Lauca is a European writer, author of micro stories inspired by everyday life, while her historical novel draws inspiration from Chinese history and her adventures across China. Her writing also reflects her interest in foreign languages and crossing cultures.
Genre: historical novel
Q1: What is the name of your latest book and what inspired it?
My latest and also first book is ReturningEast. The inspiration came from the website of an old French shipping company, Messageries Maritimes. Thus, the novel is about a physical journey from France to Hong Kong and then Asia in 1954, which turns into a journey of self-discovery and evaluation of one’s past.
Q2: When you’re writing an emotional or difficult scene, how do you set the mood?
I don’t think I have a specific process, maybe because this is my first novel. Every scene was challenging because I did not “know” them before writing them.
Q3: What authors, or books have influenced you?
I have a couple of authors, who I love to read, like Banana Yoshimoto and Amy Tan. But I think life has a larger influence on my writing than authors do. I love reading in different languages and I can really see how the tone of let’s say a Chinese novel is different from an American one. I am more drawn to Asian cultures, and I also enjoy reading French novels but as I often read in English, I came across many good novels from US or UK authors.
Q4: Which of the characters do you relate to the most and why?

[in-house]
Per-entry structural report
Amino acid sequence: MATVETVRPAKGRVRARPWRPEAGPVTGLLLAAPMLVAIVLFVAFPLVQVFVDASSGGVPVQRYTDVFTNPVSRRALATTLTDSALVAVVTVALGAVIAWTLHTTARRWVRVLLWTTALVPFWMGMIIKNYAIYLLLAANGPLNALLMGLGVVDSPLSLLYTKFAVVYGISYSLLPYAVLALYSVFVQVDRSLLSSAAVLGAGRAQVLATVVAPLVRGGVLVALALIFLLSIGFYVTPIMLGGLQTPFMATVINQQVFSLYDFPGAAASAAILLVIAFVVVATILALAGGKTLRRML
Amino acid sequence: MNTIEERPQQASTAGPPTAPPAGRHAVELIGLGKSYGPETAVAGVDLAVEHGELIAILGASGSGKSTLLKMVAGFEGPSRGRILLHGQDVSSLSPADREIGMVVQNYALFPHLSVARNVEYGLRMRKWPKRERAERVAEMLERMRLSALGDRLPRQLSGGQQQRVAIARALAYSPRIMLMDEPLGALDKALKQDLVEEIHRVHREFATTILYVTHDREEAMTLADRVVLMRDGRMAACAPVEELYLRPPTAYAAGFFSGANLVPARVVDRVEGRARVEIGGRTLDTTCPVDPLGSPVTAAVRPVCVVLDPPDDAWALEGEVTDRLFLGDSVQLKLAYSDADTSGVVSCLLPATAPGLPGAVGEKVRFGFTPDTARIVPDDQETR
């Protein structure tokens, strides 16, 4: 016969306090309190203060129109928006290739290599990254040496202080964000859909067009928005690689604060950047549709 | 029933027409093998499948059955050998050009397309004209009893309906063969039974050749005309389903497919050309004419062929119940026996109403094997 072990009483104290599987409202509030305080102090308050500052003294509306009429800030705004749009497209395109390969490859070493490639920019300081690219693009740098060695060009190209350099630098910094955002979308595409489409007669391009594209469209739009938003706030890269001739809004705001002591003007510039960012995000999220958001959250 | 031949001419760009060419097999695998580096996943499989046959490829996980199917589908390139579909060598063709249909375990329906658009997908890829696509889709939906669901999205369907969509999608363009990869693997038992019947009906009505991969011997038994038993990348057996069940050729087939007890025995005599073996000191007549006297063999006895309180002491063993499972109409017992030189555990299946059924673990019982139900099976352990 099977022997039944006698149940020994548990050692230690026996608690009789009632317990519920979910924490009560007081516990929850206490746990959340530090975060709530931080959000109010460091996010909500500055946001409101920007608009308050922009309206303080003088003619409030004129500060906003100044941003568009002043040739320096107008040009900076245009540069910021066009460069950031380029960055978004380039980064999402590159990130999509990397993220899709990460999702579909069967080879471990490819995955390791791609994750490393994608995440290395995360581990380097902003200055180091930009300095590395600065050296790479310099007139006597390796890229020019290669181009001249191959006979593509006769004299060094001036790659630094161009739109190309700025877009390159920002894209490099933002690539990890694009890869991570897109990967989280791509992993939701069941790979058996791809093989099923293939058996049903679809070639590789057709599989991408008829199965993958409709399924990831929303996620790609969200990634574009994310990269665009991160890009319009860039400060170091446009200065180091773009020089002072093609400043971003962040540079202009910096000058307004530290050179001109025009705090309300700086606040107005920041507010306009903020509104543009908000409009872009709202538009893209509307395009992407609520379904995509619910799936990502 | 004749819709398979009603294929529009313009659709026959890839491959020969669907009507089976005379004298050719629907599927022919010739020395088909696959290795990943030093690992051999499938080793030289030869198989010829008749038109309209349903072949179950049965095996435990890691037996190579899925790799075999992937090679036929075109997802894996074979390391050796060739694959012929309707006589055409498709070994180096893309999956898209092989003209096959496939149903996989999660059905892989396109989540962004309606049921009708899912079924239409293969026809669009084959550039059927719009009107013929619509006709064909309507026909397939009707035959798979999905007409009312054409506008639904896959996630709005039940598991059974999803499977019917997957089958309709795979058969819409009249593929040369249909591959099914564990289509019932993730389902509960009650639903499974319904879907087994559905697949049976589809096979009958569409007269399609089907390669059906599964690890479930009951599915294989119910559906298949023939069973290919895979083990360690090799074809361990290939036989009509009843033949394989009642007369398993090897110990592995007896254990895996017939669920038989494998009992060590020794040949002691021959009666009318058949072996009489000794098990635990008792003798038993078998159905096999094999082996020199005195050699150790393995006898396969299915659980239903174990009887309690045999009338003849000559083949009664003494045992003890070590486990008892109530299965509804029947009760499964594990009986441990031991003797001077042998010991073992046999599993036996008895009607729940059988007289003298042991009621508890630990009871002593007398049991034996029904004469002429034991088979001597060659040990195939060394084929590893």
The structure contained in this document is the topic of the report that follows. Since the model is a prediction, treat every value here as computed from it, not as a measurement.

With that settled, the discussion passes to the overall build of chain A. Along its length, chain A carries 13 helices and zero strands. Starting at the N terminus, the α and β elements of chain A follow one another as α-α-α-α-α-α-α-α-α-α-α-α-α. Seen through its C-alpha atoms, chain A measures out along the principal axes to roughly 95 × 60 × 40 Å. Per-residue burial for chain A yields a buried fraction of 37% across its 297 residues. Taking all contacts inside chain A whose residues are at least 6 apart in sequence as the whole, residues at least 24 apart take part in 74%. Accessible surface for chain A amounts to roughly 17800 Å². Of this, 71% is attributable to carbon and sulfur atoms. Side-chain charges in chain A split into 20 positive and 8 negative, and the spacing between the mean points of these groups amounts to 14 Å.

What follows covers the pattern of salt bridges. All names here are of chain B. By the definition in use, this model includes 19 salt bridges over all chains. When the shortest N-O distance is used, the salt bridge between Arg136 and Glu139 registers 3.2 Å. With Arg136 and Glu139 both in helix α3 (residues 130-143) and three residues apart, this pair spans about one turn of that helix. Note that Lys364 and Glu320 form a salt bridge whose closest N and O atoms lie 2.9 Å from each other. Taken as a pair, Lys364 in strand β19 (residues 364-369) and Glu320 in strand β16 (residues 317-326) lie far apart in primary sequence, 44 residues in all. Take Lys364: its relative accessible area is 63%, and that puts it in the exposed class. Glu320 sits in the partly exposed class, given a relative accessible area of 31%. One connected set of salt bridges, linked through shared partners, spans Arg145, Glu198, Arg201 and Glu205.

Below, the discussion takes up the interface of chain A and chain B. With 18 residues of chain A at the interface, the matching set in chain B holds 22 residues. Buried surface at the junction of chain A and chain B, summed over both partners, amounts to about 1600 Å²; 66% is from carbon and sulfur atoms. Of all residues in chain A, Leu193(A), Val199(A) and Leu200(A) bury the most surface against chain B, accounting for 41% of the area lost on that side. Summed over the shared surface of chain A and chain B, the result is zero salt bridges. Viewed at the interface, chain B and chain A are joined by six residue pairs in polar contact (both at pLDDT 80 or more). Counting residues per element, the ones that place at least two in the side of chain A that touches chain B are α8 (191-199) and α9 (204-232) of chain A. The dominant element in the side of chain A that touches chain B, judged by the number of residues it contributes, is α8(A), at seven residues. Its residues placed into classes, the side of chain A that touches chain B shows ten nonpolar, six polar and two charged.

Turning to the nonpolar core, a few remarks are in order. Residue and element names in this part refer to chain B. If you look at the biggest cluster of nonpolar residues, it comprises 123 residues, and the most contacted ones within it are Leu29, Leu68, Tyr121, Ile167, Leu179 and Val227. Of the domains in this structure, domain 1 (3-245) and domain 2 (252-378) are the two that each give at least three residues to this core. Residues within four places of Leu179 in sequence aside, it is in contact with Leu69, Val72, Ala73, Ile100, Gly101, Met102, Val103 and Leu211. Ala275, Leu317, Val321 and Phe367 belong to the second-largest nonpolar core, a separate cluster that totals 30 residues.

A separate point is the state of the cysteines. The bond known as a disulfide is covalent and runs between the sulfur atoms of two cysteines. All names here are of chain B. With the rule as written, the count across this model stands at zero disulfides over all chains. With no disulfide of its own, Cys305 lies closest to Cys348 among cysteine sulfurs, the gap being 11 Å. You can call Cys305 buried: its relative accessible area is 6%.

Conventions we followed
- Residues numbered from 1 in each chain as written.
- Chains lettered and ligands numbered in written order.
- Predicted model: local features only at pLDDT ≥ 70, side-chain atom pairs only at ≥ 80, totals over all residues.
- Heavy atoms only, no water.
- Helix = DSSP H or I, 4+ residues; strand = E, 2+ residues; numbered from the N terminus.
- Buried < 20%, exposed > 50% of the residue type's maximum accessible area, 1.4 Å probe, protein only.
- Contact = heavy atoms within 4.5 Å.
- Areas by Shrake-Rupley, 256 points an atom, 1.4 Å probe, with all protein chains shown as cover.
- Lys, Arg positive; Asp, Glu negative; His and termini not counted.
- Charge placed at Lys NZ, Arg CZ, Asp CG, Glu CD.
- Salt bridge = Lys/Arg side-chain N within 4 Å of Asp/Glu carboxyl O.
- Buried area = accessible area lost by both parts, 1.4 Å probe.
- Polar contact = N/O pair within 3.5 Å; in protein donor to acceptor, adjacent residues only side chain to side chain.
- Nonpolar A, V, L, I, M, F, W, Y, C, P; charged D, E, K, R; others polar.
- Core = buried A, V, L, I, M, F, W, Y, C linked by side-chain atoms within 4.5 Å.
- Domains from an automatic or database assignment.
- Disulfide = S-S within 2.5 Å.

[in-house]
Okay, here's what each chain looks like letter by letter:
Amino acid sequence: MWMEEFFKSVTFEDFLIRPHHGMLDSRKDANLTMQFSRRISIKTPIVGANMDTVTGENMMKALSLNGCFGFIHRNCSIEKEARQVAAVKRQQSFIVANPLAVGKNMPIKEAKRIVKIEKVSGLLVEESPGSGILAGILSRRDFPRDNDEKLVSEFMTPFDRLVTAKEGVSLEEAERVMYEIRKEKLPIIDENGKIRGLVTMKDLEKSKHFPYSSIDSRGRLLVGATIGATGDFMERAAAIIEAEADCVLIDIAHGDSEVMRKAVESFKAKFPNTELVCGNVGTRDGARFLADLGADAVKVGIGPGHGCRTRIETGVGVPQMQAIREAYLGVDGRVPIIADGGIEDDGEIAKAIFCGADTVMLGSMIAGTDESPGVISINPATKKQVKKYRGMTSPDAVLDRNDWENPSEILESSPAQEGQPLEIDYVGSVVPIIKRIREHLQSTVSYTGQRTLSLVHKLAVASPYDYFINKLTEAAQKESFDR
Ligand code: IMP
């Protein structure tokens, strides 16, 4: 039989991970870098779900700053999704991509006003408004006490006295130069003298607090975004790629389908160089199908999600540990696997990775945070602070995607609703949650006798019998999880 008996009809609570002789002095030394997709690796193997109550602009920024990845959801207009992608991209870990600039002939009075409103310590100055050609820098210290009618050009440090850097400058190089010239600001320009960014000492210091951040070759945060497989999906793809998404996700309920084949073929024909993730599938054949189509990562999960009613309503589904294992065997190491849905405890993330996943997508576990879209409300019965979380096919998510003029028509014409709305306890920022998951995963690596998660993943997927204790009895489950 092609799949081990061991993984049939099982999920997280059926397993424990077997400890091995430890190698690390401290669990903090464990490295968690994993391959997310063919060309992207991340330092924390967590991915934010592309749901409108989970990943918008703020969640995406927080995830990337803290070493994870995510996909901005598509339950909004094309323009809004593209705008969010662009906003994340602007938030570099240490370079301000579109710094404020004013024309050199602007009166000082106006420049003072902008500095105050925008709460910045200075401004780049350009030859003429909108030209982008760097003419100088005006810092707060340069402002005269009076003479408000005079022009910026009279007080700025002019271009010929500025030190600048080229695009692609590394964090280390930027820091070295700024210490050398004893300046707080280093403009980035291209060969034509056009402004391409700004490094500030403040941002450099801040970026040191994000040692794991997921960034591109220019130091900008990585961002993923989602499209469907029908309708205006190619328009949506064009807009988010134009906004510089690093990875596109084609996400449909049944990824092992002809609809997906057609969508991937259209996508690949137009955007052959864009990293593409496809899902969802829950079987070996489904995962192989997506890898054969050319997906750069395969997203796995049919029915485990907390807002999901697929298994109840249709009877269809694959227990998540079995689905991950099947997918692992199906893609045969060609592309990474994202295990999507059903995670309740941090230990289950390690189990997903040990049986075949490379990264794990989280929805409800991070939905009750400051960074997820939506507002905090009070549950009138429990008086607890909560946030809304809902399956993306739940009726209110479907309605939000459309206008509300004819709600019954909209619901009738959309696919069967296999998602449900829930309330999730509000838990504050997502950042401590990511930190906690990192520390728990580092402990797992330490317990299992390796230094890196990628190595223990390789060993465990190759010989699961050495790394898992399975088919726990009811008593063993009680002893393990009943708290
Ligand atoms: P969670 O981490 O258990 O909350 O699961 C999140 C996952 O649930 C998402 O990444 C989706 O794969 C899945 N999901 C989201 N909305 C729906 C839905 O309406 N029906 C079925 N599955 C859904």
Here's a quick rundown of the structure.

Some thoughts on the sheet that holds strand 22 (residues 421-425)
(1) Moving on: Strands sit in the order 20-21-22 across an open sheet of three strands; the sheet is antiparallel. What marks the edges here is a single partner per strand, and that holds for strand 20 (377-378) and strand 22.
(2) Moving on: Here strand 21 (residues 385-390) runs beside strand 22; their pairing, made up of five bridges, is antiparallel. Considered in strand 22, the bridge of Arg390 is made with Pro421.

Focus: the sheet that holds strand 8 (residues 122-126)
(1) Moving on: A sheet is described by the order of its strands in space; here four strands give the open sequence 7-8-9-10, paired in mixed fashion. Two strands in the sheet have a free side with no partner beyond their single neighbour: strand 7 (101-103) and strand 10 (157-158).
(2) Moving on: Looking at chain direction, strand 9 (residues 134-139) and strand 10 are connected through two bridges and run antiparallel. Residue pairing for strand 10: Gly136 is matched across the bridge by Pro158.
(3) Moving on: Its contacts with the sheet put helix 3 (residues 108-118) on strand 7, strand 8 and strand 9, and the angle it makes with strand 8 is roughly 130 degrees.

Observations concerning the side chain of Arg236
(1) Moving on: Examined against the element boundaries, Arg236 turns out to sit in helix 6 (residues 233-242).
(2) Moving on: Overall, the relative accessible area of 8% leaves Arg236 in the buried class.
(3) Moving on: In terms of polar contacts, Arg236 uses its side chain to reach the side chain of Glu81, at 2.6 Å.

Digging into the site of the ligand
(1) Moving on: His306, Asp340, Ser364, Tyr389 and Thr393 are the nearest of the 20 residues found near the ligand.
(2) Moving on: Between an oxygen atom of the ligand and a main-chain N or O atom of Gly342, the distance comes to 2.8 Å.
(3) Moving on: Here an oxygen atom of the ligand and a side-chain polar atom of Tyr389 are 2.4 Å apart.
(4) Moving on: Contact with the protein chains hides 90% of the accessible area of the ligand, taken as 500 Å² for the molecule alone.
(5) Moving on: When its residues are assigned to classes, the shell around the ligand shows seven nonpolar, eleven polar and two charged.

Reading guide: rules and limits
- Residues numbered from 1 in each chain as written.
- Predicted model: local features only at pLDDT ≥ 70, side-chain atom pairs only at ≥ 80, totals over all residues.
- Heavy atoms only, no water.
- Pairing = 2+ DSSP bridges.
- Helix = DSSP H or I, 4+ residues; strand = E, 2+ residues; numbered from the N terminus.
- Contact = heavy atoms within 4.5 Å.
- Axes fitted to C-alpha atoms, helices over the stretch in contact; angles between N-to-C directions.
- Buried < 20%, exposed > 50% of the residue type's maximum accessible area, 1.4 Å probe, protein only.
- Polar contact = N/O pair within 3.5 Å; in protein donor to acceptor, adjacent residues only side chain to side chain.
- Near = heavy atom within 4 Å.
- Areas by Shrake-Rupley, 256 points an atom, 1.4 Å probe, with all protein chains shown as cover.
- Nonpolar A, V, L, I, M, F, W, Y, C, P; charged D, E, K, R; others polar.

Interesting question, I never thought about it. They each have a trait that speaks to me but there is no one I relate to most. I think the ladies of the story, even though they are minor characters, are quite interesting. Maybe one day I will write their story, where they get to be the hero.
Q5: What advice would you give to a writer working on their first book?
You don’t need to get it right from the start. You can always edit a first draft, but you cannot edit a white page. So, just put as many words as you can on paper, following your inspiration or a prepared plot, and later edit what you don’t need or like.
Also, don’t get stuck in confusion, there is never a right answer, and one choice is a good as another. When you research something specific, like for example how to use multiple points of view, use three sources and then make up your mind. Do not waste your time looking at dozens of sources, after the first 3 or 4, they all are a variation of the first two!
Q6: How much research did you need to do for your book?
Researching the book was the fun part. I love history and I enjoyed exploring websites relating to stories from old Hong Kong, watching Youtube videos shot in China and also going to the library to read about colonial Indochina. Much of what I read never found its way in the book, but the magic is in the realistic details which appear throughout the book.
Q7: What was your hardest scene to write, and why?
The end. I do not plan a sequel, but the end of the book is not the end of my hero’s story, as in my mind, there is a life for him after this journey. Thus, it was challenging to find a satisfactory comprise between leaving his journey open and at the same time closing this chapter of his life, and the book.
Q8: What is your writing process like? Are you more of a plotter or a pantser?
For this first book I was 100% a pantser. I had no plot whatsoever, I had no characters, nothing. I sat down each time I had scheduled a writing slot and had to squeeze my imagination to have the next scene come out.
I took part in the NaNoWriMo in 2019 and I did plot a story. It was definitively easier to write a first draft and even though I did not finish it (at least for now), I could write 44.000 words in three weeks. Considering that I have an office job four days per week, the result is not bad.